However, data parallelism has some limitations. Most importantly, each GPU must have a complete copy of the model and its parameters. This places a limit on the size of the model we can train, as the model must fit within a single GPU's memory -- this is not feasible for modern ViTs or LLMs.
Unlike data parallelism, which involves splitting a mini-batch across multiple devices, tensor parallelism divides the model itself across GPUs. In data parallelism, every GPU needs to fit the entire model, which can be a limitation when training larger models. Tensor parallelism, on the other hand, allows for training models that might be too large for a single GPU by breaking up the model and distributing it across multiple devices.
How does it work? Think of matrix multiplication. There are two ways to distribute it -- by row or by column. For simplicity, let's consider distribution by column. For instance, we can break down a large matrix multiplication operation into separate computations, each of which can be carried out on a different GPU, as shown in the figure below. The results are then concatenated to get the original result, effectively distributing the computational load.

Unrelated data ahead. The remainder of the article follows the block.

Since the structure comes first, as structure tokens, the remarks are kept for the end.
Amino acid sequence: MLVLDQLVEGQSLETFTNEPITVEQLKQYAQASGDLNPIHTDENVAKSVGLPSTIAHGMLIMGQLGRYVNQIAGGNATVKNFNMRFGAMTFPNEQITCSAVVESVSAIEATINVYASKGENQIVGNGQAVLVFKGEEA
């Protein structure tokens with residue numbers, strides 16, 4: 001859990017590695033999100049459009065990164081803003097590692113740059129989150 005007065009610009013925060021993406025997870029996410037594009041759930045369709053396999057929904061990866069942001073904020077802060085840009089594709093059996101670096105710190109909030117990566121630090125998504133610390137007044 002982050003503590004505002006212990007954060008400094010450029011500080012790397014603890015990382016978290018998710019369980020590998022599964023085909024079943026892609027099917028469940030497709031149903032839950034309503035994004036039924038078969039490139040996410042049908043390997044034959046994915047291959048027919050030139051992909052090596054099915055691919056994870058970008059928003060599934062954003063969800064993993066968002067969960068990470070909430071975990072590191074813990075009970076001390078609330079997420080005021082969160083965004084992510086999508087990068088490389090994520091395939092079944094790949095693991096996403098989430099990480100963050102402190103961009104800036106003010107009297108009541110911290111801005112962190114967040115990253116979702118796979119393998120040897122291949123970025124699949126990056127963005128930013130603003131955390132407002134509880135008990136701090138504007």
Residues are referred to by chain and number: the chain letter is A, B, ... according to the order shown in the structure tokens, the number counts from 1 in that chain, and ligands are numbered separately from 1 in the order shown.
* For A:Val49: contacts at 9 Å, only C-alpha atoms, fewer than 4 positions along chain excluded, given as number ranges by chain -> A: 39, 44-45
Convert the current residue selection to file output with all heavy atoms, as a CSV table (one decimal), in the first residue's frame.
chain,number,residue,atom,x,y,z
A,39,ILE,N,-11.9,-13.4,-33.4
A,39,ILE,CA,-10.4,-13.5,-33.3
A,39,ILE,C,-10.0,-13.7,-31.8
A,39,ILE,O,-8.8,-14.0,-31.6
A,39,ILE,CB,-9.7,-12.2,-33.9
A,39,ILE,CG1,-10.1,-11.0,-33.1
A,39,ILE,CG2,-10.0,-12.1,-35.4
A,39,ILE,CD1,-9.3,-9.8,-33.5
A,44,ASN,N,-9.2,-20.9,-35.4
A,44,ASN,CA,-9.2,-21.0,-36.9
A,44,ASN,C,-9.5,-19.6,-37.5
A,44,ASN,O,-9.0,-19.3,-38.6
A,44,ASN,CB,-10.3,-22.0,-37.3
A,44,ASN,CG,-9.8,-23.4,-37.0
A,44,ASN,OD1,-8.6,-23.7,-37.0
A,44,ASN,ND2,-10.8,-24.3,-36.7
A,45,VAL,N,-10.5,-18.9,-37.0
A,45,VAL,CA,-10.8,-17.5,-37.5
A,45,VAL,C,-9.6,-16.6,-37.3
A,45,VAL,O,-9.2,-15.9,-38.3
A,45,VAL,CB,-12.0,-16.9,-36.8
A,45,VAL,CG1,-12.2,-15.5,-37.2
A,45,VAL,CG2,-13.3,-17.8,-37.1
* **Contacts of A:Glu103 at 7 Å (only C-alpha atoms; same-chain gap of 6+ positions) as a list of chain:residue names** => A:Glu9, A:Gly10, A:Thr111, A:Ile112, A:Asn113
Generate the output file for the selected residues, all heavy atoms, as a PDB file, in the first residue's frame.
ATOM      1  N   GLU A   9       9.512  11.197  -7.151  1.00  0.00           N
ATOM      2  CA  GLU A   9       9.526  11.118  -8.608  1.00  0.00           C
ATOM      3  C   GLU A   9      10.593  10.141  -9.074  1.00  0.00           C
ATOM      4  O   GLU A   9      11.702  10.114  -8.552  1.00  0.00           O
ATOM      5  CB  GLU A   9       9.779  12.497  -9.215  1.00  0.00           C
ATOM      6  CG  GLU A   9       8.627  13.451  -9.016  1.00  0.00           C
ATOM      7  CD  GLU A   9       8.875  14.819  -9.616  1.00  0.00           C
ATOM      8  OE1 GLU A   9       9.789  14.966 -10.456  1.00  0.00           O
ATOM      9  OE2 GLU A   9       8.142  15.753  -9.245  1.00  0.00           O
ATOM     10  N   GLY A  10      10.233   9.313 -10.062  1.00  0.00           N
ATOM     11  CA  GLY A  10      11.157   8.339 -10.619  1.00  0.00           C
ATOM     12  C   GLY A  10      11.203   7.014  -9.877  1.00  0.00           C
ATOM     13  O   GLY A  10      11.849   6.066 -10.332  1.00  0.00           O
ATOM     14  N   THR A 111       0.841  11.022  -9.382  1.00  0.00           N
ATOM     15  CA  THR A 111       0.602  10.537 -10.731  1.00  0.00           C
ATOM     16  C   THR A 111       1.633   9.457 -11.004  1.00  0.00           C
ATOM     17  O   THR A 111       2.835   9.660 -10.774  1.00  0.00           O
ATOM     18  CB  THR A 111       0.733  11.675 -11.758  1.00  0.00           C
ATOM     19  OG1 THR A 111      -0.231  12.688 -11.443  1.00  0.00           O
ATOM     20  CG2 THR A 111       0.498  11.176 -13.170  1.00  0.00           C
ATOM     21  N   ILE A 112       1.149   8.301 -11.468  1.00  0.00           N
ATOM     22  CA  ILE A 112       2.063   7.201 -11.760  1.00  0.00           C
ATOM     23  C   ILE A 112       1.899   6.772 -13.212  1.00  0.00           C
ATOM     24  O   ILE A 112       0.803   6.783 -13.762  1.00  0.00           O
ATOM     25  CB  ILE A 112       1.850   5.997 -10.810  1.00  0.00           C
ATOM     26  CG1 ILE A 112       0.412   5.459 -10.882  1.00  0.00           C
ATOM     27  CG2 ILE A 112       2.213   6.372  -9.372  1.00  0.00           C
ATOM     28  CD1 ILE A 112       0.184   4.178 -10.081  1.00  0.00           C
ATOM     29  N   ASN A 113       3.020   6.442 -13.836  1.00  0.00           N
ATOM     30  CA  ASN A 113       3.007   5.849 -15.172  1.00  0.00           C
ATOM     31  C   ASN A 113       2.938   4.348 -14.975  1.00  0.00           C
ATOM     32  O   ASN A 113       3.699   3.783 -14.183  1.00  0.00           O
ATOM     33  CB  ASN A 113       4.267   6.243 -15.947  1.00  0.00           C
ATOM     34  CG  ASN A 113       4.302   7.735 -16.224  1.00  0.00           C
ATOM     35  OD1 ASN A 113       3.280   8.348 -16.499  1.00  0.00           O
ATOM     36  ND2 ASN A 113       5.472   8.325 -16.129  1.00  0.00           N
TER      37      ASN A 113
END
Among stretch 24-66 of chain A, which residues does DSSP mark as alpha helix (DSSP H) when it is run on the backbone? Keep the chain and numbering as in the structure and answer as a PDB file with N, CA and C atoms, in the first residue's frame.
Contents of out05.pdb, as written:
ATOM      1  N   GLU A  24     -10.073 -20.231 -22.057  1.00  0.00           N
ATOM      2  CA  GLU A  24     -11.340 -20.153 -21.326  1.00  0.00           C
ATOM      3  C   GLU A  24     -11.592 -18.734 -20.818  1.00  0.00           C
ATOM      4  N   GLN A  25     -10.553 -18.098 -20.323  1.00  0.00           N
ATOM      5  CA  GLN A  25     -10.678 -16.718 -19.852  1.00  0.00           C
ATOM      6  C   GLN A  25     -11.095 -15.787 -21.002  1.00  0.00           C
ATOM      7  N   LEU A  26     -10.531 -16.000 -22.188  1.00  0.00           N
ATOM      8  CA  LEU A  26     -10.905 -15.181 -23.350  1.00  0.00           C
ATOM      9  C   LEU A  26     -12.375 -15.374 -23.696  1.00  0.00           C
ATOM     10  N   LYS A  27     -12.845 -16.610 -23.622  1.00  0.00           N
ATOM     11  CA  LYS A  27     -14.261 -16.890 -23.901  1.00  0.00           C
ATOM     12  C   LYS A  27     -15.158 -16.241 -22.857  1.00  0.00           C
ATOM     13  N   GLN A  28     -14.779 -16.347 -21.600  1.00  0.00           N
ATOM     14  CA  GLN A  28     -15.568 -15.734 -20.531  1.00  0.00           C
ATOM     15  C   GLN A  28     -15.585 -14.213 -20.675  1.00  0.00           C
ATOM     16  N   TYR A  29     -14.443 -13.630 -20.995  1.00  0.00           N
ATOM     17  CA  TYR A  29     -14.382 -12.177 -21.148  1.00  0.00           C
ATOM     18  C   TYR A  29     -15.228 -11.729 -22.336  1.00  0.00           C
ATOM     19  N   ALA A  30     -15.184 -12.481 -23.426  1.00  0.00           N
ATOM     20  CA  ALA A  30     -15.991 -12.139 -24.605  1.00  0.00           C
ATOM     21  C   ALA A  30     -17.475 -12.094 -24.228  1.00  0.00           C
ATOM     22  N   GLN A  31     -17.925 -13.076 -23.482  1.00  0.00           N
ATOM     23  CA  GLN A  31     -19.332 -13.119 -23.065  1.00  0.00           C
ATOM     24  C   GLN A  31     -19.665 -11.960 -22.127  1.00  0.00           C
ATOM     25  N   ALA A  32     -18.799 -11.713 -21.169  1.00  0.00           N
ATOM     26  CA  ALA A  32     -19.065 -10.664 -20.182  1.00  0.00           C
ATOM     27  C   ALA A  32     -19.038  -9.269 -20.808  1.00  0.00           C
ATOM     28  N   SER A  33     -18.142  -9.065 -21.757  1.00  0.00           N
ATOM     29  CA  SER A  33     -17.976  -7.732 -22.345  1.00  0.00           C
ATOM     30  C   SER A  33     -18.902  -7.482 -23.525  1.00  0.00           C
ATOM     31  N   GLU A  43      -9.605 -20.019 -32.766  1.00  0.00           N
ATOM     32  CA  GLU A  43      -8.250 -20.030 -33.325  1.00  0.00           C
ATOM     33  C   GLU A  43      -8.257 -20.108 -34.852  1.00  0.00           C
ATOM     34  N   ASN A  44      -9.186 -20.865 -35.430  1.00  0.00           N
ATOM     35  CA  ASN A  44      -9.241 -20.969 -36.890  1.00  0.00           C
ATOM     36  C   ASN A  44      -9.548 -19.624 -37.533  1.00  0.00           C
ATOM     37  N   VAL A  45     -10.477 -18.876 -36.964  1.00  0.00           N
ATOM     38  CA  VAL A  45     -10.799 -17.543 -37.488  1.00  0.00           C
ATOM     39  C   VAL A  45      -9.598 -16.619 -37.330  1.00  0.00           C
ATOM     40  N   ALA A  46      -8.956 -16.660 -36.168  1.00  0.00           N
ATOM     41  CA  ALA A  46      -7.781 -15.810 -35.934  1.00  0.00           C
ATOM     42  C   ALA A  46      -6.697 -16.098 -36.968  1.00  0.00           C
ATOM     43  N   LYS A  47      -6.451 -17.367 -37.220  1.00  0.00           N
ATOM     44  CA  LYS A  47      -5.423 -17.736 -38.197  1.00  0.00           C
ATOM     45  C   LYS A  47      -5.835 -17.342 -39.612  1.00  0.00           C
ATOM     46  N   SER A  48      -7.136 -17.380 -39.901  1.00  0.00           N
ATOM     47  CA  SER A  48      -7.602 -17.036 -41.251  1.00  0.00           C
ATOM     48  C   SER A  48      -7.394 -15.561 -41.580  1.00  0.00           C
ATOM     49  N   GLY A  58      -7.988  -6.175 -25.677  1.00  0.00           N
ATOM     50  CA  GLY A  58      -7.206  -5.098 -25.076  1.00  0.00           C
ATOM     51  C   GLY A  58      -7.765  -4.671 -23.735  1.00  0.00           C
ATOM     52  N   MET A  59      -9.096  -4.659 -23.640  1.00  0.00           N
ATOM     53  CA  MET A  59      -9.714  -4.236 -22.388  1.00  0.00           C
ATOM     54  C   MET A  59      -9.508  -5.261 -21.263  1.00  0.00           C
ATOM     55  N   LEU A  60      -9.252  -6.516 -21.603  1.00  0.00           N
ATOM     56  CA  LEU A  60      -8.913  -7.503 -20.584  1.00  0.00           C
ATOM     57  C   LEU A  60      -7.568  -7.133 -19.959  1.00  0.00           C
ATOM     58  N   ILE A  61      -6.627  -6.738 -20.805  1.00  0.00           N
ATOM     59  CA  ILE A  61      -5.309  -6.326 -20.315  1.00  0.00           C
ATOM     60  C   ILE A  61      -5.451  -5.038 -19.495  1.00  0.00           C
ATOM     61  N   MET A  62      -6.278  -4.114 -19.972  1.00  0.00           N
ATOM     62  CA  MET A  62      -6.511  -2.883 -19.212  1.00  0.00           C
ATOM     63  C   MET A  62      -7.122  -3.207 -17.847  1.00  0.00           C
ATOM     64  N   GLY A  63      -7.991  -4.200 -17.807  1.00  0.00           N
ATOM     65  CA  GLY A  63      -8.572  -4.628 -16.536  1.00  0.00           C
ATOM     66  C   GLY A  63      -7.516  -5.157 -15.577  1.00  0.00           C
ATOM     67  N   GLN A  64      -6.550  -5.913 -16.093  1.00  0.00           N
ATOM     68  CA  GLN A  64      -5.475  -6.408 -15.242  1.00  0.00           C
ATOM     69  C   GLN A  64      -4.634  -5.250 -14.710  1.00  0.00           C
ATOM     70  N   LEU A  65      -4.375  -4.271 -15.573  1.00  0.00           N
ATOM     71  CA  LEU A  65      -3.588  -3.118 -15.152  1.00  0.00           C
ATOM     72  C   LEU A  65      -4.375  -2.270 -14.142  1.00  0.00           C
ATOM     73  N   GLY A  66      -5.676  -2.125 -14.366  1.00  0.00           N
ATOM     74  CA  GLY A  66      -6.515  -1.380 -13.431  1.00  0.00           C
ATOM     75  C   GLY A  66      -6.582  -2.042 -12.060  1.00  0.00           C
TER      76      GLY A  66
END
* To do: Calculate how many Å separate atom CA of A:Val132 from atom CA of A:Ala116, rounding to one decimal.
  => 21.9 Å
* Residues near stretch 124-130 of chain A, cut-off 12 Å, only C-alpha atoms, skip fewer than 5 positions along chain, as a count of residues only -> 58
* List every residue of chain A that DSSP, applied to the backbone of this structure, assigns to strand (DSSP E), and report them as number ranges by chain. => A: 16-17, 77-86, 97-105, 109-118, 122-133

In this article, we saw how we can tinker with techniques like mixed-precision training and distributed multi-GPU training by changing only a few lines of code. If we use mixed-precision training on the Vision Transformer example, we reduce the runtime 3 fold from ~18 min to ~6 min. And adding 3 more GPUs, we further reduced the training time from ~6 min to ~2 min. That's almost a 10-times improvement without sacrificing prediction accuracy.
Of course, our mileage may vary based on the model, dataset, and task. However, the goal of this article was to mainly outline how we can experiment with these techniques conveniently using PyTorch and Fabric.
(For reference, all code examples are available here on GitHub)